Trust me, we got y'all covered. - Derick E. Hingle-US PRESSWIRE
Slow, sloppy and low-scoring: The NBA's answer to Big Ten football.
The Sixers beat the Hornets 77-62 Wednesday night in a game that went precisely how you'd expect two of the slower-paced teams in the league to go, especially considering each was without multiple of its big-name players.
With a game this low-scoring, the first question ought to be: "Were the defenses good, or were the offenses bad?" In this case, it was a little bit of the first and a lot of the second. Jrue Holiday and Evan Turner tied to lead all scorers with 14 points apiece (yes, 14), while Al-Farouq Aminu was the only Hornet to score in double digits, pairing his game-high 16 rebounds with 10 points.
For the Sixers' part, the primary problem on offense wasn't the lack of a focal point--Holiday delivered a mixed but encouraging performance, assisting on five of the Sixers' first seven field goals and showing, in general, a judicious approach to ball distribution while doubling as the team's primary scoring option. Holiday asserted himself on offense, with 12 assists, but at the cost of seven turnovers. The problem was finishing--on both sides--as the Sixers shot 35-for-84 (41.7 percent) from the floor, with an anemic 4-for-22 (18.2 percent) from three-point range.
Though the early stages of the game might as well have been played between middle schoolers...in NASA EVA suits...on a floor covered in a six-inch-thick layer of treacle...the Sixers overcame a bevy of first-half turnovers to remain in the game, down only one point at the half, 37-36.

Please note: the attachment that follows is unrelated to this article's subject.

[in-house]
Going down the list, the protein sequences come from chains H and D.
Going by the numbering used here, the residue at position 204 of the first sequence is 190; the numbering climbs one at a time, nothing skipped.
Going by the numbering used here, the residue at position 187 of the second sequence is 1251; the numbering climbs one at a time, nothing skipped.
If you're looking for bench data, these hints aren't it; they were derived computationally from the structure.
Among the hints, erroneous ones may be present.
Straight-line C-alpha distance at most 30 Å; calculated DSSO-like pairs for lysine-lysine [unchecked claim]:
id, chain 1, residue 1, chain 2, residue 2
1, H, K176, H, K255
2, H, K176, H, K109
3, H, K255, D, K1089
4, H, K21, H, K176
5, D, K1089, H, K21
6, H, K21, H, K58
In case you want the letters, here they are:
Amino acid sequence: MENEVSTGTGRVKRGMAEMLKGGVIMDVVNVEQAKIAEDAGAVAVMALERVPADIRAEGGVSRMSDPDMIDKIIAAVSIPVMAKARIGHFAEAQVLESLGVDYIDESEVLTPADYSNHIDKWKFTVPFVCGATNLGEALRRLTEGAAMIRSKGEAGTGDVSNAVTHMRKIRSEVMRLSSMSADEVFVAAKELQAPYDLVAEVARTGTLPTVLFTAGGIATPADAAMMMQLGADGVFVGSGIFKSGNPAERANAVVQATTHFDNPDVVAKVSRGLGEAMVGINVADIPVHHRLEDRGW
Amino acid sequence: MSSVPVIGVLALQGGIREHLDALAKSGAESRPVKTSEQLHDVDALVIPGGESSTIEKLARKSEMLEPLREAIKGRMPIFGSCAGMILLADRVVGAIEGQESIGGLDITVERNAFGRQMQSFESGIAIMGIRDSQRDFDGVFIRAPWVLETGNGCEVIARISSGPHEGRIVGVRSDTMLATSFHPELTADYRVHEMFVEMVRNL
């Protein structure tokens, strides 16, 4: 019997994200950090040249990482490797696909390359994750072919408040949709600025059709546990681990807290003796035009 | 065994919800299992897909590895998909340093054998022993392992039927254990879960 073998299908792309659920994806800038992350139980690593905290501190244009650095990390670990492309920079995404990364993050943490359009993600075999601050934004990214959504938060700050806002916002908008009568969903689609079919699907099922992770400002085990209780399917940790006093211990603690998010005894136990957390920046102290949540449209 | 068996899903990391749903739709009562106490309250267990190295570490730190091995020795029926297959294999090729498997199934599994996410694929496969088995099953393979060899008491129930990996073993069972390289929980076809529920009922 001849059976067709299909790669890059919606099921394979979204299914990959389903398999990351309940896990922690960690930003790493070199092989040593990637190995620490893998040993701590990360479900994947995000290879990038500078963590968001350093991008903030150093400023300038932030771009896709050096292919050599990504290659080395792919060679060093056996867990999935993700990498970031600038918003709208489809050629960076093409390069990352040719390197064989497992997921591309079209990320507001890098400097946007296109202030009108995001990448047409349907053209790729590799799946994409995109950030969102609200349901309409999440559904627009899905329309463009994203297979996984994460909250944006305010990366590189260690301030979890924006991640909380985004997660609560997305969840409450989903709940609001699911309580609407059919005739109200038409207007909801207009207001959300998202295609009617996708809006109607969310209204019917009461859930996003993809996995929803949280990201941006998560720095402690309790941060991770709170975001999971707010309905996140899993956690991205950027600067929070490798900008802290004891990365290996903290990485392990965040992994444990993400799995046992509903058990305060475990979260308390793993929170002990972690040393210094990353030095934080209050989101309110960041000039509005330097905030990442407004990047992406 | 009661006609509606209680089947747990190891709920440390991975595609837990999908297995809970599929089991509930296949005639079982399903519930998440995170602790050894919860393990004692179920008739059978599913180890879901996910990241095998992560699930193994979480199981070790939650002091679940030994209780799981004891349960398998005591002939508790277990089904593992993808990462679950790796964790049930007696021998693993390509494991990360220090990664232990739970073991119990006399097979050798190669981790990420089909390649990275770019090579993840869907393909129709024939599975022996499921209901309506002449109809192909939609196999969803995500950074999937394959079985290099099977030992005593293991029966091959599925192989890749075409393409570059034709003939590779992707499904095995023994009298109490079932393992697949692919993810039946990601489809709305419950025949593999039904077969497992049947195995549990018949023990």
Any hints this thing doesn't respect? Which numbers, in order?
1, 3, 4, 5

In the third quarter, the Sixers managed to pull away with a 10-0 run to start the period, scoring 21 total points to the Hornets' 10. It was at this point that the Hornets' offense went well and truly to pot. They went into the half leading, as I've said--and while this vintage of the Sixers is hardly the Showtime Lakers, holding any team to 36 points in a half is quite a feat.
However, once the Sixers started to find their rhythm in the third quarter, the Hornets could not keep up, thanks in part to their own offensive profligacy (23-for-69 from the field; 33.3 percent), but also to a relentless and thoroughly effective defensive effort from the Sixers, who, at their best, resemble nothing so much as the Larry Brown Sixers on ketamine.
Among the positives from tonight's game, apart from a very good team defensive effort:
- Lavoy Allen shot 6-for-10 from the field in 27 minutes and posted a game-high +20.
- Evan Turner looked, perhaps for the first time all season, like a good player, going for 14 points and eight rebounds on 7-for-15 shooting.
- The Hornets managed only 18 assists and 23 made field goals against 20 turnovers.
The truth is, between the matchup (the Hornets are one of few teams that plays for as few possessions as the Sixers do), the confluence of injuries and what was frankly just a bad shooting night for all parties, this stands to be one of the less entertaining Sixers games we can expect this season.
But with that said, the Sixers may be the most conservative team in the league (and that's not just because of Spencer Hawes' personal politics), so rather than an outlier, maybe we should prepare ourselves for more of the same going forward. After all, even ugly wins are wins.
|FINAL - 11.7.2012||1||2||3||4||TOTAL|
|New Orleans Hornets||19||18||10||15||62|
The Celtics are next up, in Boston, at 7:00 EDT on Friday.